Collectors see more and more different kinds of Siam Scout Fund overprint forgeries because genuine overprinted stamps are scarce while the stamps without the Scout overprint are quite common. Descriptions are provided in this article to assist in the identification of the many types of known forgeries. My comments are based on the examination of several thousand Siam Scout overprinted stamps by members of the Siam Study Group.
The Scott's Catalog Forgeries Many Type II fakes can be recognized because the handstamp design is based on the illustration from the Scott's Catalog shown above. These illustrations are not reproductions of the real overprints but are simply redrawings, only superficially similar in appearance. If your overprint set is very uniform and identical in design with the Scott Catalog then you own a set of counterfeits. Two major differences that can just about be picked up without a magnifying glass: the genuine overprint has seven dots on the forehead of the tiger and circular eyes. The counterfeit from the catalog illustration has four dots on the forehead and sideways "U" shaped eyes, opened at the nose.
The Star Forgeries Many stamps with the same type of overprint forgery have the outline of a five-pointed star rubber-stamped on the back of the stamp. Although the star could possibly be of any color, the colors which we have seen are primarily red, or black. Star forgeries have been most often seen when the stamp appears to have a Type I Scout overprint. We have examined scores of overprinted stamps with star marks on the back; none were on stamps with genuine overprints.
The Taw-Tah-hahn Forgeries We have seen scores of stamps with the letter "taw tah-hahn" of the Thai language on the back of the stamps. It occurs with all three Siam Scout overprint types. To date, no taw tah-hahn examined has been on a stamp having a genuine Scout overprint. Although it is not necessarily the same size, this letter has the general shape as the following two examples:
The "Scont's" Forgery One would expect that misspelling would not occur when forging a stamp. Nevertheless, a spelling error occurs on a forged overprint of the Type II stamps. In this well known case, an "n" replaces the "u" in "Scout's". The Scont's forgery is known to be printed on each of the six Type II values.
A Black Ink Forgery The characteristics of the overprint ink are usually examined when inspecting for the genuineness of an overprint on a stamp. And the color of the ink is one of the most important of these. The genuine Type III overprints are printed in either red or blue ink, depending on the face value. There are no genuine Scout's Fund Type III overprinted stamps known in which the overprint is in black ink. Such stamps overprinted in black ink are forgeries.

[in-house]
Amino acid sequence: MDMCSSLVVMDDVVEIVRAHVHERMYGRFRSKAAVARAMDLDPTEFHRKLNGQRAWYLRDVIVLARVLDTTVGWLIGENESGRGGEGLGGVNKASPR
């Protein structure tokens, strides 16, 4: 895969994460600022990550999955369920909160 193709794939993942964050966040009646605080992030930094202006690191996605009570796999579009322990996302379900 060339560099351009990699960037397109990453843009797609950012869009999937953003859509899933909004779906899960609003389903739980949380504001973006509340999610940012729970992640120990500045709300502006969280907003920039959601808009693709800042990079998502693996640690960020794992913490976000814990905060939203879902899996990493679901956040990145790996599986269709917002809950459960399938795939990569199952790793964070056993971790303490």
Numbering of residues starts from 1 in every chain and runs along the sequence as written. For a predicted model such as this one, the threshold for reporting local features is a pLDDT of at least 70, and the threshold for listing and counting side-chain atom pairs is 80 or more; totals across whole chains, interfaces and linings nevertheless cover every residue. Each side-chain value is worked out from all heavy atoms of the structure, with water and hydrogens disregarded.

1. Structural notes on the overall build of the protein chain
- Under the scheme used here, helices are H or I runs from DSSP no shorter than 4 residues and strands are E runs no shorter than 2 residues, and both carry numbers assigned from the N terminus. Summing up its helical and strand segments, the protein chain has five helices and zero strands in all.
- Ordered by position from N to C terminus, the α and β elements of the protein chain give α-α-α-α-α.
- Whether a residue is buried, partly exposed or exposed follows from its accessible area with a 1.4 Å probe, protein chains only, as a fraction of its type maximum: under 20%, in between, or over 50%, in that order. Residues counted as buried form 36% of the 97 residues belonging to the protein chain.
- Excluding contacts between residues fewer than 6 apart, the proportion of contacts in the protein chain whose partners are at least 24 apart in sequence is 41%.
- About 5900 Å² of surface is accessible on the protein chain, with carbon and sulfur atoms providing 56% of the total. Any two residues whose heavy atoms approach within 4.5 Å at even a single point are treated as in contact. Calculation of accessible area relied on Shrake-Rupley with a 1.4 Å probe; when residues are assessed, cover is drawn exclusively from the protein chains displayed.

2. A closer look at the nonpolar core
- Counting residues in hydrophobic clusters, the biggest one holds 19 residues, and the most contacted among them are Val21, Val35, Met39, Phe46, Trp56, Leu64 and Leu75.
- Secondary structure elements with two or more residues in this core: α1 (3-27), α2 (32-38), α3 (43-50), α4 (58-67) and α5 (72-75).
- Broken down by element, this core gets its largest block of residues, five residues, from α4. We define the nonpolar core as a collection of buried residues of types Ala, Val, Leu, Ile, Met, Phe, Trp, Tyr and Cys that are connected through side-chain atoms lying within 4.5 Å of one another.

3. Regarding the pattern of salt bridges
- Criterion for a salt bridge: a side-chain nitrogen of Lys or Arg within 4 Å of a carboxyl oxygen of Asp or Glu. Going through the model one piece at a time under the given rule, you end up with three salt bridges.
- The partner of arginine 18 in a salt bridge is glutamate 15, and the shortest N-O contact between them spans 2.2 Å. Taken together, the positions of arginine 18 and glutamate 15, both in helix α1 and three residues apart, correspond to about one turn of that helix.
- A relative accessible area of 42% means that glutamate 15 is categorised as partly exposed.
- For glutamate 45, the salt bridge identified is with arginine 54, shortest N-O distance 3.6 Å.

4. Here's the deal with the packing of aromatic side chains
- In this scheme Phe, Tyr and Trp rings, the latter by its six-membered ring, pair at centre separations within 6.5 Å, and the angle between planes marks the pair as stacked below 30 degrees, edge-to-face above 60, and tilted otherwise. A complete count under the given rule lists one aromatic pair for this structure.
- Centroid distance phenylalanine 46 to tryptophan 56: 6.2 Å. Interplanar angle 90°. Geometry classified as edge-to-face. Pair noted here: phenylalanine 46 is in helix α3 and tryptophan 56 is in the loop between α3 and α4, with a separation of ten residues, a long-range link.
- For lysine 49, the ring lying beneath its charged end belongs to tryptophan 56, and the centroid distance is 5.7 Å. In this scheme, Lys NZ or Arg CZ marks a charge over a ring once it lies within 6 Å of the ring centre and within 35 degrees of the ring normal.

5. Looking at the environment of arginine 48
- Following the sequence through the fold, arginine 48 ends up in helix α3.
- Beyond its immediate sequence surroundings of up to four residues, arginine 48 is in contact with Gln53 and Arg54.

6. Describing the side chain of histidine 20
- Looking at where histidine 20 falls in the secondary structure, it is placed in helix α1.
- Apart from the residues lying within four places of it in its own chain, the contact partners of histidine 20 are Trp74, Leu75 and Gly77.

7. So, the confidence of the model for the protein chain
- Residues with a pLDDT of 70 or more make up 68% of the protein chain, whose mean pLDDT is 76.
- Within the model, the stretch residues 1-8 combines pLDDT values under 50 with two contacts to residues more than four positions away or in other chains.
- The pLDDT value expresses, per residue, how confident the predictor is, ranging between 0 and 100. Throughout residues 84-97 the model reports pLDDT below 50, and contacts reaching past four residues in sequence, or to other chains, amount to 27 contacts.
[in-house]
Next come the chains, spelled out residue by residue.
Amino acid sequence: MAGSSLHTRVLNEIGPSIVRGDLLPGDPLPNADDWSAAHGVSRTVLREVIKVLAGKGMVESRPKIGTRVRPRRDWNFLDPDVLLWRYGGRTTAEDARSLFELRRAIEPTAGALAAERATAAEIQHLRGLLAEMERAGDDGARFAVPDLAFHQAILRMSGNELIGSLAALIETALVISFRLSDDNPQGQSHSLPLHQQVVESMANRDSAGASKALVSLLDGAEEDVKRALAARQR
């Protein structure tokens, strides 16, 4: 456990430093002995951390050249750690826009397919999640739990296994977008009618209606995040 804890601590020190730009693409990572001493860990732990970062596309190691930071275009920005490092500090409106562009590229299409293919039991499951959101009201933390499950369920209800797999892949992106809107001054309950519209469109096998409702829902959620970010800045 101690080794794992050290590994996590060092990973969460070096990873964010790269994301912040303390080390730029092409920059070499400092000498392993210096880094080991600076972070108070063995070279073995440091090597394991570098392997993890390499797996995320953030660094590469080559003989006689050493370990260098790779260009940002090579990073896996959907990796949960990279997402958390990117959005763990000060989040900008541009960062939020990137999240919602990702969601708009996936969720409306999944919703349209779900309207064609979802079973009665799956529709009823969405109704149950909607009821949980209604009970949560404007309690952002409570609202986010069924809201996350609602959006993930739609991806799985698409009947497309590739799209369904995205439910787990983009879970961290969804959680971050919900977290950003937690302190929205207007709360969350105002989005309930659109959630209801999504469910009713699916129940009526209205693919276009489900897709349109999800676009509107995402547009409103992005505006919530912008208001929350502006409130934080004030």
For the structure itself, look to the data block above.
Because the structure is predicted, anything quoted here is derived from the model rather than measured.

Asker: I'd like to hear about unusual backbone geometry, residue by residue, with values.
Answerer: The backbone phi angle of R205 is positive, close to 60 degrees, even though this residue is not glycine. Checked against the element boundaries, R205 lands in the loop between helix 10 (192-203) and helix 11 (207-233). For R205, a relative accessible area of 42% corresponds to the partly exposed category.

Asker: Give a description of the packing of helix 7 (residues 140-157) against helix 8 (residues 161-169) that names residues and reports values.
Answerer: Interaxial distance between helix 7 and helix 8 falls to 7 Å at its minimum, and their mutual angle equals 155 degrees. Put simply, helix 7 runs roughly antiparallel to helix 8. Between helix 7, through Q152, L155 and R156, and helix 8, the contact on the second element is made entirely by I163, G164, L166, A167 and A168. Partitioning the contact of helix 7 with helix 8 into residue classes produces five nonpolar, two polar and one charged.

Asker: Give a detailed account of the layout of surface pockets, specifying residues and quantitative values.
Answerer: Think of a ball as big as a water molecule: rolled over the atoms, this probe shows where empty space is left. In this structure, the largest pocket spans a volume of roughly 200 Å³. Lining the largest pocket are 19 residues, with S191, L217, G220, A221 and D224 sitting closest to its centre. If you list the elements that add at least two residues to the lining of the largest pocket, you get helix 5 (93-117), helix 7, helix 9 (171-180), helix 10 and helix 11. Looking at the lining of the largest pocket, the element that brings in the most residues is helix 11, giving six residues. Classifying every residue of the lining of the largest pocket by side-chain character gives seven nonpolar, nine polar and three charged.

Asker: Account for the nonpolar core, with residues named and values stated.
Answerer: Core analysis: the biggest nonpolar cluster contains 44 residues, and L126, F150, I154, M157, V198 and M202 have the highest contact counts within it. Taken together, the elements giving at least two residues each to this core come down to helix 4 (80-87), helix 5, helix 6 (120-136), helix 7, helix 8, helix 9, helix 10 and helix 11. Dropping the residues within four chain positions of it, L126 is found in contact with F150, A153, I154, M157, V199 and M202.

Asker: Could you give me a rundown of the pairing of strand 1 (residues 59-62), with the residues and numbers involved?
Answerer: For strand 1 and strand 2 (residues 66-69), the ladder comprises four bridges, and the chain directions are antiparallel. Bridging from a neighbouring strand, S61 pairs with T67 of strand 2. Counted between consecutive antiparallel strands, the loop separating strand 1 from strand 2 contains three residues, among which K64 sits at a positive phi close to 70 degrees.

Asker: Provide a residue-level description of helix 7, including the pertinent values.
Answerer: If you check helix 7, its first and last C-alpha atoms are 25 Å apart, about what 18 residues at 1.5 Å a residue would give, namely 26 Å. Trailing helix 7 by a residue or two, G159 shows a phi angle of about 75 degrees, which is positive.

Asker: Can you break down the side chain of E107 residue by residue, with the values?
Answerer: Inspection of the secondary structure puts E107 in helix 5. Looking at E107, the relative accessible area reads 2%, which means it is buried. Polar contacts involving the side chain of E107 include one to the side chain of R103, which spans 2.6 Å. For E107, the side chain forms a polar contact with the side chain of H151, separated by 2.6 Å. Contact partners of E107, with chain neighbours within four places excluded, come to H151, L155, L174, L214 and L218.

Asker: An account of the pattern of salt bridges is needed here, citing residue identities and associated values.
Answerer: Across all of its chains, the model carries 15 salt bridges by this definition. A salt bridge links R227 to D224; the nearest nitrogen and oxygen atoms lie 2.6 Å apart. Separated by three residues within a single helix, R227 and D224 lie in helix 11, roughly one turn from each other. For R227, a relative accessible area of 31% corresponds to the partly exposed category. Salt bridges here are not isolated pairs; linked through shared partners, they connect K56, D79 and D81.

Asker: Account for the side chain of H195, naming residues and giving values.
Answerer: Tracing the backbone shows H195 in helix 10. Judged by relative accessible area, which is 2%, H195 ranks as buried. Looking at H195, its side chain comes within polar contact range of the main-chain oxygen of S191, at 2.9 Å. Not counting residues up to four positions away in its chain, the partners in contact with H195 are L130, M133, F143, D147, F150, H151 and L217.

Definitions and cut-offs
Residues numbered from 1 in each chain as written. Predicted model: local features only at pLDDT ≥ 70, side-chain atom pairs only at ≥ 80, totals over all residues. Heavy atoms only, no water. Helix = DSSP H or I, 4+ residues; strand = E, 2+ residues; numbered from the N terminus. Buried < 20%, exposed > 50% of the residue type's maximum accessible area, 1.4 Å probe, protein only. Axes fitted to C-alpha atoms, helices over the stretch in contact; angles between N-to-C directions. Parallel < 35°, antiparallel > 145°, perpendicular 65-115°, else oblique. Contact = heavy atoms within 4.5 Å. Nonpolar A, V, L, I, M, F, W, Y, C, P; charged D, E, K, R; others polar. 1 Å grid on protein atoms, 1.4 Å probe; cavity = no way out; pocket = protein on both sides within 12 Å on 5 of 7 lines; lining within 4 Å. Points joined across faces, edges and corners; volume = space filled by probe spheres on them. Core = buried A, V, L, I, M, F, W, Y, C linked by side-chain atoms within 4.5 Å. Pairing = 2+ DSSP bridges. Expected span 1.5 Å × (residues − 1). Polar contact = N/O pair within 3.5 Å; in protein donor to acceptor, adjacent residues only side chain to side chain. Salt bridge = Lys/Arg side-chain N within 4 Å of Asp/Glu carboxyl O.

'Size' Forgeries If you have more than one Siam Scout stamp with the Type II or Type III overprint, and the size (height and/or width) is different between any two of these overprints of the same type, there is a high probability that at least one of the overprints may not be genuine. Further examination would be needed to identify which may not be the correct size.
The 'Wrong Stamp' Forgeries If the overprint is printed on a stamp that has not been identified in the catalogs as a stamp with a Scout's Fund overprint, then, although there are a very few known exceptions, the overprint is probably a forgery. While further research is needed to be specific about whether the 1912 Vienna printing or the 1918 London printing, some forged overprints are on stamps which either have a wrong surcharge value or are simply not a stamp that was overprinted for the Scout's fund.
Certificate with Embossed Photo Are you concerned if a specific Siam stamp has a genuine overprint? Then consider having the stamp expertized by sending for a certificate with embossed photo. Reputable philatelic organizations issuing such expert certificates include the American Philatelic Society and the Royal Philatelic Society in London. A mark printed or stamped on the back of a Siam stamp is not an adequate substitute for a reputable organization's certificate with embossed photo.
SOSSI Journal, Volume 26, Number 11-12, November/December 1977
SOSSI Journal, Volume 39, Number 1, January 1990
SOSSI Journal, Volume 41, Number 3, March 1992
Updates and Modifications by Keith Larson